Running a Safety Program can seem quite daunting if you’ve never done it before. Please read our best practices that work with companies of all sizes and if you have any questions please Contact Us!
How to Run a Safety Program
The basics of a Safety Program are the same for companies with 3 people as they are with 3000. Get information out there in a consistent manner, and reinforce it in a methodical sense. Our Safety Programs have been built to accommodate the various sizes, and the approach is generally the same.
How big your company is determines the size and structure of your Safety Program team:
|Organization Size||Number of Employees||Number of Locations||Management Responsibilities|
Senior Manager (EH&S Manager)
Area Champion (Foreman, Team Lead)
Executive (EH&S Director)
Business Unit Leader (Senior Manager)
Area Champion (Foreman, Team Lead)
Example Organization Structure for a Program
A successful Safety Program relies on multiple actions to create maximum impact and employee engagement. A single meeting or information handout will not ensure desired results (lower incidents). Keep the following in mind when rolling out any Safety Program.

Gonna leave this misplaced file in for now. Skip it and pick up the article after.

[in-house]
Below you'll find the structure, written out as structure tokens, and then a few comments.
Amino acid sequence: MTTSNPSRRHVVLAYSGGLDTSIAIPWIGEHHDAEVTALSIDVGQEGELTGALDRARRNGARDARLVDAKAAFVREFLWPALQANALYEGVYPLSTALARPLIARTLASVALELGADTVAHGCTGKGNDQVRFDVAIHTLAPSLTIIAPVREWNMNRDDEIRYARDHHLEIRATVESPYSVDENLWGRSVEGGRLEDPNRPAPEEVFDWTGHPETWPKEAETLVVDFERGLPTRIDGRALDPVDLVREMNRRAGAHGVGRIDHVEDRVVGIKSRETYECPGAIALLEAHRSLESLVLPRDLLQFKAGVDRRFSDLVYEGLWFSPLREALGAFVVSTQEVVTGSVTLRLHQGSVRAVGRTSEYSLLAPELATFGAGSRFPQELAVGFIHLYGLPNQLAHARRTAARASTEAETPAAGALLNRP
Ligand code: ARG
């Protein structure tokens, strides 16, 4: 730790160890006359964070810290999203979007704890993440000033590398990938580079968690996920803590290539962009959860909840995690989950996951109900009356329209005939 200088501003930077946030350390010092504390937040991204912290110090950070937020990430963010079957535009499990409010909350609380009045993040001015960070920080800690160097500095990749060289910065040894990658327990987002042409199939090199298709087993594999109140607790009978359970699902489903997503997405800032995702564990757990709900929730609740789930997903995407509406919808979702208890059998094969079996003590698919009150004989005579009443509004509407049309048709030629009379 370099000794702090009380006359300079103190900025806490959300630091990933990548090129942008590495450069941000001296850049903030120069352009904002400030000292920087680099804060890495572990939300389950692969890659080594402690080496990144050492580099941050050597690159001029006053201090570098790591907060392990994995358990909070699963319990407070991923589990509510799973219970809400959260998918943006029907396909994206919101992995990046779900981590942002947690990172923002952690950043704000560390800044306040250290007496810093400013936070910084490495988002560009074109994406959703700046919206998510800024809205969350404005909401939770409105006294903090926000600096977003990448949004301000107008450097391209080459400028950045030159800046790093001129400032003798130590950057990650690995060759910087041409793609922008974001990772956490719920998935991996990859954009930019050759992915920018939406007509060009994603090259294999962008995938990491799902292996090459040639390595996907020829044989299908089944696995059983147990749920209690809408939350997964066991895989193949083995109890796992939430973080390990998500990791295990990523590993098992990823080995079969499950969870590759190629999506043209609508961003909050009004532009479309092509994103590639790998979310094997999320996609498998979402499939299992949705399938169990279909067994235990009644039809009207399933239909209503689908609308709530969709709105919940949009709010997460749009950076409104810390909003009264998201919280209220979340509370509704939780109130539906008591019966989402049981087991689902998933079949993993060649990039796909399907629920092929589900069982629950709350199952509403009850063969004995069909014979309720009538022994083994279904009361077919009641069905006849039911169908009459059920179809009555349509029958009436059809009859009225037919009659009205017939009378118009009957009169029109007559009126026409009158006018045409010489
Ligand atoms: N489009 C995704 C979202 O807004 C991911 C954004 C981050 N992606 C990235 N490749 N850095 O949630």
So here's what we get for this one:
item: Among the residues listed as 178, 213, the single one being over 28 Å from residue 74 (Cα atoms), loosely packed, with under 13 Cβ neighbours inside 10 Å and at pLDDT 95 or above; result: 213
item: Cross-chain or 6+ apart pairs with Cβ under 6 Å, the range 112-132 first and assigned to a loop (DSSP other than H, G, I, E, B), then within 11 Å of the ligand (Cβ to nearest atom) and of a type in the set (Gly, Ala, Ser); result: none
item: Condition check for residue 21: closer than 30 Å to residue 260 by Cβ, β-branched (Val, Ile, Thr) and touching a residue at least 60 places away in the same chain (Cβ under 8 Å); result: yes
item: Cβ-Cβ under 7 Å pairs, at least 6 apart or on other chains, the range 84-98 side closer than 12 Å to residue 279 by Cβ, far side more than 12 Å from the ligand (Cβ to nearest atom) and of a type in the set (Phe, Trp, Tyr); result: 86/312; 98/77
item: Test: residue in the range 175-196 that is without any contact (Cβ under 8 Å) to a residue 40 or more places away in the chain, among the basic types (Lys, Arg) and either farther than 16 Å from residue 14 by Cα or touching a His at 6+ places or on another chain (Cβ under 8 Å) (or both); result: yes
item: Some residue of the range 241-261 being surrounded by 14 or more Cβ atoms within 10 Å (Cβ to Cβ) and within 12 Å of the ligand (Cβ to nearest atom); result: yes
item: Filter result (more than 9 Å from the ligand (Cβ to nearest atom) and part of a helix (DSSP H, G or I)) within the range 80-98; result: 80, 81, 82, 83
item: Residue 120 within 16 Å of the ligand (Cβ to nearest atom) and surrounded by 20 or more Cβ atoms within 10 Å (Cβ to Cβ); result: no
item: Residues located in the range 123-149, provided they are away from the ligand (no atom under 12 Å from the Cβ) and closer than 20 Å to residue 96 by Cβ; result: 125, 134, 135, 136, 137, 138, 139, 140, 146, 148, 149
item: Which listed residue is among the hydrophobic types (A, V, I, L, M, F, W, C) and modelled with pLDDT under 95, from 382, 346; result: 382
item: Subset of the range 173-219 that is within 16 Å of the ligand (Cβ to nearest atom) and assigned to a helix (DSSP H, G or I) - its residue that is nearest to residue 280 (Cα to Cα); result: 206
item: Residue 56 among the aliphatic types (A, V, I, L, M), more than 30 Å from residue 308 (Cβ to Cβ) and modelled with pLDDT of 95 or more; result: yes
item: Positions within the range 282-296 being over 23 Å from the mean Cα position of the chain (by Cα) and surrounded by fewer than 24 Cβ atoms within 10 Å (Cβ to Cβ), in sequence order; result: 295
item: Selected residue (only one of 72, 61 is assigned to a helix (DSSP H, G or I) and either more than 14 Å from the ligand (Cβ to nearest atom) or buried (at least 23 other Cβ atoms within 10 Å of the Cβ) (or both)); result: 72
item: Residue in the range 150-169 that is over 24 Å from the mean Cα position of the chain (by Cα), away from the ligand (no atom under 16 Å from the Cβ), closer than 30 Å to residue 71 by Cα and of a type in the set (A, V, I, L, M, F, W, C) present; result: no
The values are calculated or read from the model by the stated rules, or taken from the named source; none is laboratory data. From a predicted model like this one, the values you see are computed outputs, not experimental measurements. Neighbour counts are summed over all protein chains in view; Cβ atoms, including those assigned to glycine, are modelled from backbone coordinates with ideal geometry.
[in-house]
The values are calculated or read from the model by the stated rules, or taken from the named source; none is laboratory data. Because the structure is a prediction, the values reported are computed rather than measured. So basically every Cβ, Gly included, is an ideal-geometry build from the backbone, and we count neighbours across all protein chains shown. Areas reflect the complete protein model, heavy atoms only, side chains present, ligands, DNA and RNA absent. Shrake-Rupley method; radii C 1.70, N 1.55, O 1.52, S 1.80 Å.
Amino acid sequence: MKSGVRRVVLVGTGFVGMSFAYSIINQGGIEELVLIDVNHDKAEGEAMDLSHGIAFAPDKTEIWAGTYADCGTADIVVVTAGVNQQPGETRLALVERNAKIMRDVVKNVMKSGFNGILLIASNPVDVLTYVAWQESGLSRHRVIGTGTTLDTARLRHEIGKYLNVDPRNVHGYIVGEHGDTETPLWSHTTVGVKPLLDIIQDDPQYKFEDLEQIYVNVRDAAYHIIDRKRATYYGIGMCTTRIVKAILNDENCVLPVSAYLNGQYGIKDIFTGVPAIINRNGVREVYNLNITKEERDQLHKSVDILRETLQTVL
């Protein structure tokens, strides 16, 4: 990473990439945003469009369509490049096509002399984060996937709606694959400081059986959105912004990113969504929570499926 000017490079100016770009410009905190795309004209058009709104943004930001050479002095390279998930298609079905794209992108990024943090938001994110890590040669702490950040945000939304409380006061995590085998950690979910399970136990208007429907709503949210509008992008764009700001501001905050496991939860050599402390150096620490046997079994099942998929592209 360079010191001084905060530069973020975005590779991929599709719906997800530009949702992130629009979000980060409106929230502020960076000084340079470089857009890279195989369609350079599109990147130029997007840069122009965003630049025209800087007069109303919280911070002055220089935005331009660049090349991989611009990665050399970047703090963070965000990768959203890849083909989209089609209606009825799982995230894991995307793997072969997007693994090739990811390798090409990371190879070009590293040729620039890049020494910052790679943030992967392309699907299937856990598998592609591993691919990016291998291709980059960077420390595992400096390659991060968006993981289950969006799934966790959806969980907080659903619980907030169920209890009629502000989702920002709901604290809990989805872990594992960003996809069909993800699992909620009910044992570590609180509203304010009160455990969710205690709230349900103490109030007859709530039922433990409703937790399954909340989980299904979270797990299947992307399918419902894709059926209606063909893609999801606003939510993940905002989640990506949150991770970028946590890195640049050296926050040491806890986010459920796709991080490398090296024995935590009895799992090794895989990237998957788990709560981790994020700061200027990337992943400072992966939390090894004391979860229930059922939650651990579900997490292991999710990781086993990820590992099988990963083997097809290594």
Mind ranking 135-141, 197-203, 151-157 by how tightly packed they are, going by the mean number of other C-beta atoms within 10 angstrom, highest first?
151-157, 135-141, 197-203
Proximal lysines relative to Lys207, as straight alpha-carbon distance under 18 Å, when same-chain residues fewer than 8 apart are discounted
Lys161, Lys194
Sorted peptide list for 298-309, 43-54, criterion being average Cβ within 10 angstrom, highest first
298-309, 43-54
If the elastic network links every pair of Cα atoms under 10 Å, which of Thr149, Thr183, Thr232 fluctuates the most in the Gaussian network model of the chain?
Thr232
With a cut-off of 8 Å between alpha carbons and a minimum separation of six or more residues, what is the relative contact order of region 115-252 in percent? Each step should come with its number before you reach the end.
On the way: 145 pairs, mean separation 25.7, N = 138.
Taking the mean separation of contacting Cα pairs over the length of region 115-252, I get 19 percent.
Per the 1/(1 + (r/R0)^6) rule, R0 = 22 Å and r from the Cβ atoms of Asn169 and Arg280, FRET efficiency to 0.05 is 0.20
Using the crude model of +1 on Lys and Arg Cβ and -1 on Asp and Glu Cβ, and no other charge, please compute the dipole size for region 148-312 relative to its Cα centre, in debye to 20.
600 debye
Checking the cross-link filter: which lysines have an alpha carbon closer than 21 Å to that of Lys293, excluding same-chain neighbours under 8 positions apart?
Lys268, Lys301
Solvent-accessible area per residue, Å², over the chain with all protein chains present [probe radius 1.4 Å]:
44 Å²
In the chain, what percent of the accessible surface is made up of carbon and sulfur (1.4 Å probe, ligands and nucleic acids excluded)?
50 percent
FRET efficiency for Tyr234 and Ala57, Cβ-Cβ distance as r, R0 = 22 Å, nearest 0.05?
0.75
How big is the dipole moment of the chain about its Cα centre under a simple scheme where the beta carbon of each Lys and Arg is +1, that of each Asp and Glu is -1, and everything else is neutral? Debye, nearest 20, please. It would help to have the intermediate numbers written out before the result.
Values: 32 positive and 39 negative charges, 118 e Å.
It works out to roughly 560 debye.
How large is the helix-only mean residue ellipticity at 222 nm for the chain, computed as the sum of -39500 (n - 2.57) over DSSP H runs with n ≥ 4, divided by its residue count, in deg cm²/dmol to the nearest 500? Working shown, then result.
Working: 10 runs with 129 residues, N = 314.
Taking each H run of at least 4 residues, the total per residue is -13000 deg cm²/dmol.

Employee engagement (not a top down approach)
All types of activities in a Safety Program are meant to speak to the end worker. This should never feel like “Here comes corporate again, forcing something down our throats”. Encourage communication, have regular toolbox talks with new material (daily is best), ask for employee experiences and stories. This should be done at a team lead / foreman and crew level. Calling everyone into a boardroom will not have the same effect as a quick 5-10 conversation in the field.
If an employee contributes, ensure that their feedback is noted and included in all lessons learned. If your company has a mechanism for employee recognition, this is a perfect opportunity to use it.
Focus on single activity at a time
Most Safety Programs will have multiple activities associated to them (example Line of Fire has Striking Hazards, Hand Safety, Crushing Hazards, Stored Energy). If you try and present and learn about all these items at the same time, or intermix them, the overall retention for each employee will be less than if you focus on one activity at a time for several weeks.
An often overlooked element, but one of the most important for Safety Programs is visual items. Putting up a poster in a lunchroom talking about all the hazards an employee could run into on a daily basis will likely just get a passing glance. Reinforcement takes several forms, which you will see in nearly every theme in this section.